Parents who are anxious about math can still help their children learn the subject when given the right tools, according to research from current and former University of Chicago scholars.A new study published in the December issue of the Journal of Experimental Psychology found that math-anxious parents who used an app called Bedtime Math saw improvement in their children’s math achievement—even years after the families stopped using the app. Exposure to the math app also changed parents’ attitudes about math for the better.
Following 587 students from 40 classrooms across the Chicagoland area, the researchers tracked how children who used the interactive math app compared to those in a control group who used a similar app focused on reading comprehension. By monitoring the students’ progress from first through third grades, the team discovered that using the math app closed the achievement gap between children of math-anxious parents and their peers.
That held true even after three years, when most families had stopped using the app consistently.
Those results suggest that when families used the app together, parents disassociated their own math anxiety from what was possible for their children in terms of math achievement. Because Bedtime Math frames math problems through light-hearted themes like foot size, dogs or Halloween—and provides answers with a single click—it may represent a low-stress way for parents to approach a subject that they view as intimidating.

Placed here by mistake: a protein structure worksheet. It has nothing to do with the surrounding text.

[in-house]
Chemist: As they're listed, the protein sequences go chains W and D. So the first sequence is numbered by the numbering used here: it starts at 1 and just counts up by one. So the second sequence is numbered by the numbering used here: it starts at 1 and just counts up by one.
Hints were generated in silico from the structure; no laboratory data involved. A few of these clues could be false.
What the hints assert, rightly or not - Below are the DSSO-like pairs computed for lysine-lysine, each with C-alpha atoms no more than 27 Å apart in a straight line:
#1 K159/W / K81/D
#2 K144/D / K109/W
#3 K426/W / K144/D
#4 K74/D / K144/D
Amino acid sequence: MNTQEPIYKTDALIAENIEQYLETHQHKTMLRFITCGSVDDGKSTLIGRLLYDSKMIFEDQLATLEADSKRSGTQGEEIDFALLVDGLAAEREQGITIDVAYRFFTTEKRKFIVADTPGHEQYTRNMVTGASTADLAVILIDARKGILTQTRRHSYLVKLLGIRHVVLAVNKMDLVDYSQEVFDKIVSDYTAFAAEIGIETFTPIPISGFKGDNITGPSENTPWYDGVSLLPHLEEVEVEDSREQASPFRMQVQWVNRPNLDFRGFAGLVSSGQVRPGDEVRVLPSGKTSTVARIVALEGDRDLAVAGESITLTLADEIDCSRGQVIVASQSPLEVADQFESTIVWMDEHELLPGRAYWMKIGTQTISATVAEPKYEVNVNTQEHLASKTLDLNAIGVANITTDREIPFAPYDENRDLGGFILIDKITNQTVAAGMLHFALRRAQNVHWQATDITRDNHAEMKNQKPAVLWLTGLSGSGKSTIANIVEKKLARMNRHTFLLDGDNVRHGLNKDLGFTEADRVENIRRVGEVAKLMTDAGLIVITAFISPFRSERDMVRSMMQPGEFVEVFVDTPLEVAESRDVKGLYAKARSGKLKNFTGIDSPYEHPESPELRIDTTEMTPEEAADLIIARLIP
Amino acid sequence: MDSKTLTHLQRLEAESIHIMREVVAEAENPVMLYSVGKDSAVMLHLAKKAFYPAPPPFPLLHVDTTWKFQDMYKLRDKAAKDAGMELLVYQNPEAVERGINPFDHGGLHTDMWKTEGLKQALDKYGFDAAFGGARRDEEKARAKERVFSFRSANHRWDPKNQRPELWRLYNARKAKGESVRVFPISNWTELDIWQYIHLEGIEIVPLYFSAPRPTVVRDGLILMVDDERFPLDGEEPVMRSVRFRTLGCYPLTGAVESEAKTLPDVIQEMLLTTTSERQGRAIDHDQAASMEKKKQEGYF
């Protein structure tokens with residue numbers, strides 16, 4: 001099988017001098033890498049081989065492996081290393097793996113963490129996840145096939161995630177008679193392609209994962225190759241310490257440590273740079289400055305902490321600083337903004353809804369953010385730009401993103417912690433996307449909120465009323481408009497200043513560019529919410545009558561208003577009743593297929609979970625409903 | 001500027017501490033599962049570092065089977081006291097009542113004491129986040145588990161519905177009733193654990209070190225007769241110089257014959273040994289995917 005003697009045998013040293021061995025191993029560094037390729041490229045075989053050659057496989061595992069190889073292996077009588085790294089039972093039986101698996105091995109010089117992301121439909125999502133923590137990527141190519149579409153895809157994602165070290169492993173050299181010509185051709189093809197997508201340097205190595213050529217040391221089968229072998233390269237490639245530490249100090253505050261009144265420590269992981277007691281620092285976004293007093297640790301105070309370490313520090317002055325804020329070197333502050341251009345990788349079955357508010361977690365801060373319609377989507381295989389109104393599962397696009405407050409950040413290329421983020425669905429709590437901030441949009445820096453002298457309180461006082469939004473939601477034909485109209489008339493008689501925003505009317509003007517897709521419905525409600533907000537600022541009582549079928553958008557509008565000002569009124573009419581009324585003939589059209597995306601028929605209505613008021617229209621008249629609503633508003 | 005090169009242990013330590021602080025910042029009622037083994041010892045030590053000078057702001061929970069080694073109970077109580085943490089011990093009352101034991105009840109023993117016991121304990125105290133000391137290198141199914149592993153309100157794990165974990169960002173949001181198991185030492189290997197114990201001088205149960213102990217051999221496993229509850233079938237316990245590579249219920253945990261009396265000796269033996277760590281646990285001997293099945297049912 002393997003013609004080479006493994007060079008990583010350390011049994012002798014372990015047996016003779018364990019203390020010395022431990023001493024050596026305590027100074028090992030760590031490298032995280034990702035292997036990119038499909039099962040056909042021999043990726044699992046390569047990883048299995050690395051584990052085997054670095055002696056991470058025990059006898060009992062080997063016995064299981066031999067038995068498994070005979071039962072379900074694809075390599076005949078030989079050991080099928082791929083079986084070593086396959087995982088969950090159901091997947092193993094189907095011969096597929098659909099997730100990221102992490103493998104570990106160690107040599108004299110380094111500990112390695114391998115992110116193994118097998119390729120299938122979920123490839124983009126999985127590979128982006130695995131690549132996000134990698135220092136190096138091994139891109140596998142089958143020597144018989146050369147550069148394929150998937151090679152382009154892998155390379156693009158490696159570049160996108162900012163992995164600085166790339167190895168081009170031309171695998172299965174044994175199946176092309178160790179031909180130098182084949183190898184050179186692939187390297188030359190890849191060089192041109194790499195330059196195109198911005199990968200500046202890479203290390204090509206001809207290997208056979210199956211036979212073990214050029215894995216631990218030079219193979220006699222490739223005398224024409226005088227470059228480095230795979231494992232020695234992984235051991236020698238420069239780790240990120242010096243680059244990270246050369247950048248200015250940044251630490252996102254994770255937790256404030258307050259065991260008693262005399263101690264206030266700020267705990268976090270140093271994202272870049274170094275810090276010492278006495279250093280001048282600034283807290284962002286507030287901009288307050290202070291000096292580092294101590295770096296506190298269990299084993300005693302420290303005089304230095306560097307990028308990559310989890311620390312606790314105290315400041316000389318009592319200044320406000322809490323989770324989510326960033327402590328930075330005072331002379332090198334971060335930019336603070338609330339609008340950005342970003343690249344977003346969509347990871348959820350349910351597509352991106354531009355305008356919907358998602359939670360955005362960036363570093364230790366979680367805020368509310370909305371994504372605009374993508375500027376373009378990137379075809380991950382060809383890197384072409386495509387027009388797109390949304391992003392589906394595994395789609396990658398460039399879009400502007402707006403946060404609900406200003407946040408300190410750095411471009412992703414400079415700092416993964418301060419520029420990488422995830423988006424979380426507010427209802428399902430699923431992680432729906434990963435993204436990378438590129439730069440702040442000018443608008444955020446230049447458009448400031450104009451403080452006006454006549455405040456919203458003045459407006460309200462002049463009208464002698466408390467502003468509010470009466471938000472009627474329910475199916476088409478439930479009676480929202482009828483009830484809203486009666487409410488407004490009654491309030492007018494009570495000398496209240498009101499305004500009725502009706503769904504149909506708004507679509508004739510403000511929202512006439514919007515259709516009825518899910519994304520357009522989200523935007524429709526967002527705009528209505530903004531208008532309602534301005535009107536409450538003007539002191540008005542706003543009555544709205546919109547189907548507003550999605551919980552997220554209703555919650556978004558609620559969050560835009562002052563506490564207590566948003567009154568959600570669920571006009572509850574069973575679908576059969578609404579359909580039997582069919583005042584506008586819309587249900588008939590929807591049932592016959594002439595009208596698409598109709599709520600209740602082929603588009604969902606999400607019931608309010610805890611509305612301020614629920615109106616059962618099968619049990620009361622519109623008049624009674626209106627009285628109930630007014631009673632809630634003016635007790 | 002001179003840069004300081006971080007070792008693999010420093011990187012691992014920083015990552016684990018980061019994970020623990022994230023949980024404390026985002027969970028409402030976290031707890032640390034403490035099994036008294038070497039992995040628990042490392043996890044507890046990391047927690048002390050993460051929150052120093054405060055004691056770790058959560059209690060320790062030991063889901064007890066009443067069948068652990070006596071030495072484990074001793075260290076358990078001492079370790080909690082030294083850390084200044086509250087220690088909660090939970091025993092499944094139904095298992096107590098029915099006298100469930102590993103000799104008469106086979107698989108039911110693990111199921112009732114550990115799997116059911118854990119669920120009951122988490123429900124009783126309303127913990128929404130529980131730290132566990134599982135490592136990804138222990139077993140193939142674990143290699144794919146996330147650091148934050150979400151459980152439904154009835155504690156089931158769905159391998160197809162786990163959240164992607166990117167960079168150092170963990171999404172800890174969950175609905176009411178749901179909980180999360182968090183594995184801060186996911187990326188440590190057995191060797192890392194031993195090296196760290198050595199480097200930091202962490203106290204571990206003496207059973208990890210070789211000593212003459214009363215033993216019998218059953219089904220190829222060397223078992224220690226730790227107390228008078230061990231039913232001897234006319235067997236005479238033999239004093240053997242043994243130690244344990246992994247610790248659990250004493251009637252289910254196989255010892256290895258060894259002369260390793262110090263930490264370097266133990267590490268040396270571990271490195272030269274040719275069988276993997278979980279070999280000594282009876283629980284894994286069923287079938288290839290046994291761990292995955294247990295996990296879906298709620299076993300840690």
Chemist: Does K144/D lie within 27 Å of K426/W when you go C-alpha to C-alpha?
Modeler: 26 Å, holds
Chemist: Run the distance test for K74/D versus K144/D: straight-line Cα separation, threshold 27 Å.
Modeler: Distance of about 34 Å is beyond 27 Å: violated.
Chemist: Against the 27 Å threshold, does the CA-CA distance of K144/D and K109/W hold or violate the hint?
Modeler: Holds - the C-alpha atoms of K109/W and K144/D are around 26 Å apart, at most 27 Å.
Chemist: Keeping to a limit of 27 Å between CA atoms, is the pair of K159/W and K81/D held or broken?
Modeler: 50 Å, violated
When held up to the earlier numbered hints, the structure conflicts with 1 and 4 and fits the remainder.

“Before the intervention, the higher math-anxious parents had lower expectations for their children’s math success,” said Susan C. Levine, the Rebecca Anne Boylan Professor in Education and Society at UChicago. “They also valued math less for their children. Importantly, using the math app helped cut the link between parents’ math anxiety and their lower values and expectations about math for their children, and this helped explain the positive effect of the math app on children’s …